So much of America’s economic activity takes place on faraway shores, from call centers in Mumbai to sweatshops in Shanghai. Still, you’d think that making a baby would be one job that’s hard to offshore. But today, for a fee, a woman in another country can serve as a "gestational surrogate," carrying a fertilized egg to term and then delivering the baby straight to your door, halfway around the world. We’re not used to talking about that kind of labor as an outsourced job. But farmed-out childbirth has become a full-fledged industry in India, turning the rural poor into wombs for hire.
The practice has become increasingly common with new advancements in in-vitro fertilization. The efficiency of the technology raises ethical, legal and cultural questions about the meaning of parentage.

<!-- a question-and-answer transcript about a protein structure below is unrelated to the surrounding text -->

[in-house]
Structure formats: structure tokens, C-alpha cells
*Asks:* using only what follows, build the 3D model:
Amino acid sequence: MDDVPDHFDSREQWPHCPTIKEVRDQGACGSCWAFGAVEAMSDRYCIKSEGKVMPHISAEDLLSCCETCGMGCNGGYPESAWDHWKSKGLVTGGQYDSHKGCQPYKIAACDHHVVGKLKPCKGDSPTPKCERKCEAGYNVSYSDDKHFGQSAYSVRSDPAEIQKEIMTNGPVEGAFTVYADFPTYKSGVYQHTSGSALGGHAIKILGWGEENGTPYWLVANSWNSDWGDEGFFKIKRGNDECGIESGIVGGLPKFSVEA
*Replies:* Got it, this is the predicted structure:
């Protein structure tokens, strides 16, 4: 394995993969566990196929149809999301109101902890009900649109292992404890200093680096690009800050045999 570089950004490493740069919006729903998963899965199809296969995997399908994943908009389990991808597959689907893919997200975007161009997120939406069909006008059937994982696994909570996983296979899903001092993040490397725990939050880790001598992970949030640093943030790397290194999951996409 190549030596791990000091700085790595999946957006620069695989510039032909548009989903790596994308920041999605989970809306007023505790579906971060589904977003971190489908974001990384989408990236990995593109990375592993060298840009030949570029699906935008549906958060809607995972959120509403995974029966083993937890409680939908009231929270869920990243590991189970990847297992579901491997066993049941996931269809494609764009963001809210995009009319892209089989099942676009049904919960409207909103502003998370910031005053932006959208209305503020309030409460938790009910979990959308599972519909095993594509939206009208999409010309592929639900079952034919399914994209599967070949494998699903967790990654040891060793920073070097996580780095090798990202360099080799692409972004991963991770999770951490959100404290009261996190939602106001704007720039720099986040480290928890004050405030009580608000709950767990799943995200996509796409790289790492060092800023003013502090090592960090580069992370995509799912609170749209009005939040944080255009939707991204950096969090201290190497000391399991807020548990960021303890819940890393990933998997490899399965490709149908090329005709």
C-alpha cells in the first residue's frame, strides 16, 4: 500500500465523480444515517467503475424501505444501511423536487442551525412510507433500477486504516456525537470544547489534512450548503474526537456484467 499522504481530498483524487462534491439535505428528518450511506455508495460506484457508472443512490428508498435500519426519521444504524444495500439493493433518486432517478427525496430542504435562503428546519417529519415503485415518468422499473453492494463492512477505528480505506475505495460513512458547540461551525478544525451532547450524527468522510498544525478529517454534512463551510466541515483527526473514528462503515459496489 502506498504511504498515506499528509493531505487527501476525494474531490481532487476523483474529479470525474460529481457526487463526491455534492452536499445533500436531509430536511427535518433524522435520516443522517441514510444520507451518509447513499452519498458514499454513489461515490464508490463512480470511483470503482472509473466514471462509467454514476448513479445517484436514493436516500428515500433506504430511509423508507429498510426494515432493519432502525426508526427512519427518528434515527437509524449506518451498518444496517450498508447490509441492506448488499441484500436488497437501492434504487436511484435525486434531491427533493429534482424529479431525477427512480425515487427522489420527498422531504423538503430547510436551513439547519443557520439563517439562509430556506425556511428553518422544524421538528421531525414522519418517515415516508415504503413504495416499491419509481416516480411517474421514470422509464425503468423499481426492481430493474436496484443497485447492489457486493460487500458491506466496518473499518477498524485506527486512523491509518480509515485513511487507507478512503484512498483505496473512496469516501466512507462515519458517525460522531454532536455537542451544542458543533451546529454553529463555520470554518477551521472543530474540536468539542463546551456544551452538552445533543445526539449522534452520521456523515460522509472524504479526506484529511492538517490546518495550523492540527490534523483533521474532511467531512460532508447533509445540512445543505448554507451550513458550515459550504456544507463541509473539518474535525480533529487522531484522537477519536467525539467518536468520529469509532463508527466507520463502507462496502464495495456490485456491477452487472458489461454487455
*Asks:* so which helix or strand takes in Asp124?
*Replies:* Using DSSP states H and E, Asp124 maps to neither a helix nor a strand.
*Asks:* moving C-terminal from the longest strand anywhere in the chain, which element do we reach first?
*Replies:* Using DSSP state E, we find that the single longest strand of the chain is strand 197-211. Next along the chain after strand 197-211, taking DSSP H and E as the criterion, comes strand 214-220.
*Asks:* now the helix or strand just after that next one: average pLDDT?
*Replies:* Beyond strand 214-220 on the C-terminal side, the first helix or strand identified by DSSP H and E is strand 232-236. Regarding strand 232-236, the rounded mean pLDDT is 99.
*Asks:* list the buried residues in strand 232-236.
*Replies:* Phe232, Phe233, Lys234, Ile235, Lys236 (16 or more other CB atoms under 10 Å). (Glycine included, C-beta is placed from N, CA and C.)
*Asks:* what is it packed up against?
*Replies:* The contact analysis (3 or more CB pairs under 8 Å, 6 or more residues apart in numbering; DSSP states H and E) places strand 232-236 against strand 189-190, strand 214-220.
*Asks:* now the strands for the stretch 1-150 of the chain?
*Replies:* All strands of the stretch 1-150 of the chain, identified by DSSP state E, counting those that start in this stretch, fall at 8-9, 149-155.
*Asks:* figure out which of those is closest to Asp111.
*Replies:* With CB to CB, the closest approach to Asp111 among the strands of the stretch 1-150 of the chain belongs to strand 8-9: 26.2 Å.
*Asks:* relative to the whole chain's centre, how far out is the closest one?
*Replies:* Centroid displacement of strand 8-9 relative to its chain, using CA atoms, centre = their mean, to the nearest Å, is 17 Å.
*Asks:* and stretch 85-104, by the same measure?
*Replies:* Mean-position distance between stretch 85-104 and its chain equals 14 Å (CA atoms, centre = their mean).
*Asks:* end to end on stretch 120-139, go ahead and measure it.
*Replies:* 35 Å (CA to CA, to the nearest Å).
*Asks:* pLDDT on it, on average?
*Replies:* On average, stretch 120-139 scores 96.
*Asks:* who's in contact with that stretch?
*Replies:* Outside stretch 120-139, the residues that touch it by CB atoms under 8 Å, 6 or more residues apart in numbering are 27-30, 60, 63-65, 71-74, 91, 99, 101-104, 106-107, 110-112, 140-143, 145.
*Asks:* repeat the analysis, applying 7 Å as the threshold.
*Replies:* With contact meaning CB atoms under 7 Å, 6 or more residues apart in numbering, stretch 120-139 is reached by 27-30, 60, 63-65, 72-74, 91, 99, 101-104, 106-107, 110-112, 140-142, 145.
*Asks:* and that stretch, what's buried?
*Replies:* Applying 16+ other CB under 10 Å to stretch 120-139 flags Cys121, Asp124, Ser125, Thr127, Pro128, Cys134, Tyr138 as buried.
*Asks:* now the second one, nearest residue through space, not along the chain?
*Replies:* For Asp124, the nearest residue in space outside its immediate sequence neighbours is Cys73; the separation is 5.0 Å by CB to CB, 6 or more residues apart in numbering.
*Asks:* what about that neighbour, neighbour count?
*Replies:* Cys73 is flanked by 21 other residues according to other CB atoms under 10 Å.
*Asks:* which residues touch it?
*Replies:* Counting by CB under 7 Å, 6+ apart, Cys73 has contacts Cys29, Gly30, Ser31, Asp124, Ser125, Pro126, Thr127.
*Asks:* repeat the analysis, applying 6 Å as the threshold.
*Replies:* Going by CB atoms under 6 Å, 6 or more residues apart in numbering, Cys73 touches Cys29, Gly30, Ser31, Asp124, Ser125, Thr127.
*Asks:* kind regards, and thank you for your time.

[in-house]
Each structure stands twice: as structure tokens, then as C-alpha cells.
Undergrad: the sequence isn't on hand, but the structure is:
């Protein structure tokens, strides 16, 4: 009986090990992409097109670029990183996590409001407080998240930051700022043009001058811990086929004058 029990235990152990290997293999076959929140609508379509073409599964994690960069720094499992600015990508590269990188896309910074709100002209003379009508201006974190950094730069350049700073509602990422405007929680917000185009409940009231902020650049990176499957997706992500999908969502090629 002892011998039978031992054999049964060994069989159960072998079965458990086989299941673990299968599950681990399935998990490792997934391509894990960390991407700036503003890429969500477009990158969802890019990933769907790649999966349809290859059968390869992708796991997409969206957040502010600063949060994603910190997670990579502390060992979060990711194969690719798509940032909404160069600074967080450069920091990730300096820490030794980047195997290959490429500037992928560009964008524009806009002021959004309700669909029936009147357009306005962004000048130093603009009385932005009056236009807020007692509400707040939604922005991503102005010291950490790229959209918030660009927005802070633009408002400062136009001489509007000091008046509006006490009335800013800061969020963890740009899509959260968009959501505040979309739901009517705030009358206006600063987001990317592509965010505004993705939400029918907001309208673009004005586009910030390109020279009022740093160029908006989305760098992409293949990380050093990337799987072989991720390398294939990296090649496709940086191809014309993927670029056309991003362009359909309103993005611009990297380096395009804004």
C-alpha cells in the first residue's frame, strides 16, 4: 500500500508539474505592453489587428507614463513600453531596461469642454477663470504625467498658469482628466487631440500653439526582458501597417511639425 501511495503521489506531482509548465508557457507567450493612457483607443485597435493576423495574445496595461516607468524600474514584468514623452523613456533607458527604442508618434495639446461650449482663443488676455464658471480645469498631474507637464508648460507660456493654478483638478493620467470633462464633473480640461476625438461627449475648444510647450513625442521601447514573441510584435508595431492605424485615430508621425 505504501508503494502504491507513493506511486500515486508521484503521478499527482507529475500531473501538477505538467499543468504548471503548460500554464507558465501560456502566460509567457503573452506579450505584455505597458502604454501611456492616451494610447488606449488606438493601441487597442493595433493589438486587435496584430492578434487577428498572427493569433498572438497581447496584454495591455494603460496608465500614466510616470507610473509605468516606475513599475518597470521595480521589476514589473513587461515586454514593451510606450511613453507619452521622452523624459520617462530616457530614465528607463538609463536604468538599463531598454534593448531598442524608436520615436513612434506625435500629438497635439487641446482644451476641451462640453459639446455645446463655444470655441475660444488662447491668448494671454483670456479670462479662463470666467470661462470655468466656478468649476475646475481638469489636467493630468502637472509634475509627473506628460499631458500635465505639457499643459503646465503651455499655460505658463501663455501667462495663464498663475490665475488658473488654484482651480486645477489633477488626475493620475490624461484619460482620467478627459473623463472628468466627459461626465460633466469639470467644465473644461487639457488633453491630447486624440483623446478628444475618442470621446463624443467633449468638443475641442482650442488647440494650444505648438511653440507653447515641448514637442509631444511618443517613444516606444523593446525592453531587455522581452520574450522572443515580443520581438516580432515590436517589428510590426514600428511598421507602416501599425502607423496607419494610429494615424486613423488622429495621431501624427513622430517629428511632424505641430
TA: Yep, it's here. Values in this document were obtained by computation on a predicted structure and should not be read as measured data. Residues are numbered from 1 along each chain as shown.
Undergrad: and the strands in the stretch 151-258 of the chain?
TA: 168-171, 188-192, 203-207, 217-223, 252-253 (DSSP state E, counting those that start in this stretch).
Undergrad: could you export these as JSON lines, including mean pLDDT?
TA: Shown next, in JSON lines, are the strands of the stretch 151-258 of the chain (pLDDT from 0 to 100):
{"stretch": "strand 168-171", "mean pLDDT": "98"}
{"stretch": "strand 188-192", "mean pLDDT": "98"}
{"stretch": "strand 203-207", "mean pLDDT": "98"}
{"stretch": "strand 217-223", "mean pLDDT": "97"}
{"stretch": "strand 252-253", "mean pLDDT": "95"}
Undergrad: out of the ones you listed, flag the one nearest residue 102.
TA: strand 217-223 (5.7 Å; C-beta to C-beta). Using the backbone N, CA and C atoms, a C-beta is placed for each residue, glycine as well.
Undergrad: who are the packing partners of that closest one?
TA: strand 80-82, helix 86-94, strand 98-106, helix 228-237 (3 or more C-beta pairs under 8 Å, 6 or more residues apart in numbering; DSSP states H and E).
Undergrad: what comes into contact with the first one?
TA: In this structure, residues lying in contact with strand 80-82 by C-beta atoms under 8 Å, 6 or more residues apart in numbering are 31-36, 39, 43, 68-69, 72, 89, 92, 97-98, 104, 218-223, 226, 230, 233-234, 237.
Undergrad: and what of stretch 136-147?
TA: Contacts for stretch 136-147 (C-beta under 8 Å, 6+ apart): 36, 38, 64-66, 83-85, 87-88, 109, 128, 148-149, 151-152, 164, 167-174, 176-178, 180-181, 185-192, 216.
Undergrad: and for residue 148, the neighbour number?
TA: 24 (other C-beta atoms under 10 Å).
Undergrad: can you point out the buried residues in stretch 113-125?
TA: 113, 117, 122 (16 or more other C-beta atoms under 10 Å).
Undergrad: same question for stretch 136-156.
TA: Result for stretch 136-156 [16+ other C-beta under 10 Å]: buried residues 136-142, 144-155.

Like Autotune and drone warfare, the transaction might feel disturbingly mechanized: someone, an infertile couple, for example, creates an embryo in a lab, ships it abroad for gestation in a stranger’s body, then takes possession again after birth. But in a consensual financial arrangement, what’s the big deal, really? There’s less (but still some) stigma surrounding child care services, though that also involves contracting out the duties of motherhood.
But maybe what makes the global surrogacy market so different is that the service providers are women in poor countries who feel compelled to lease their bodies to care for their own families.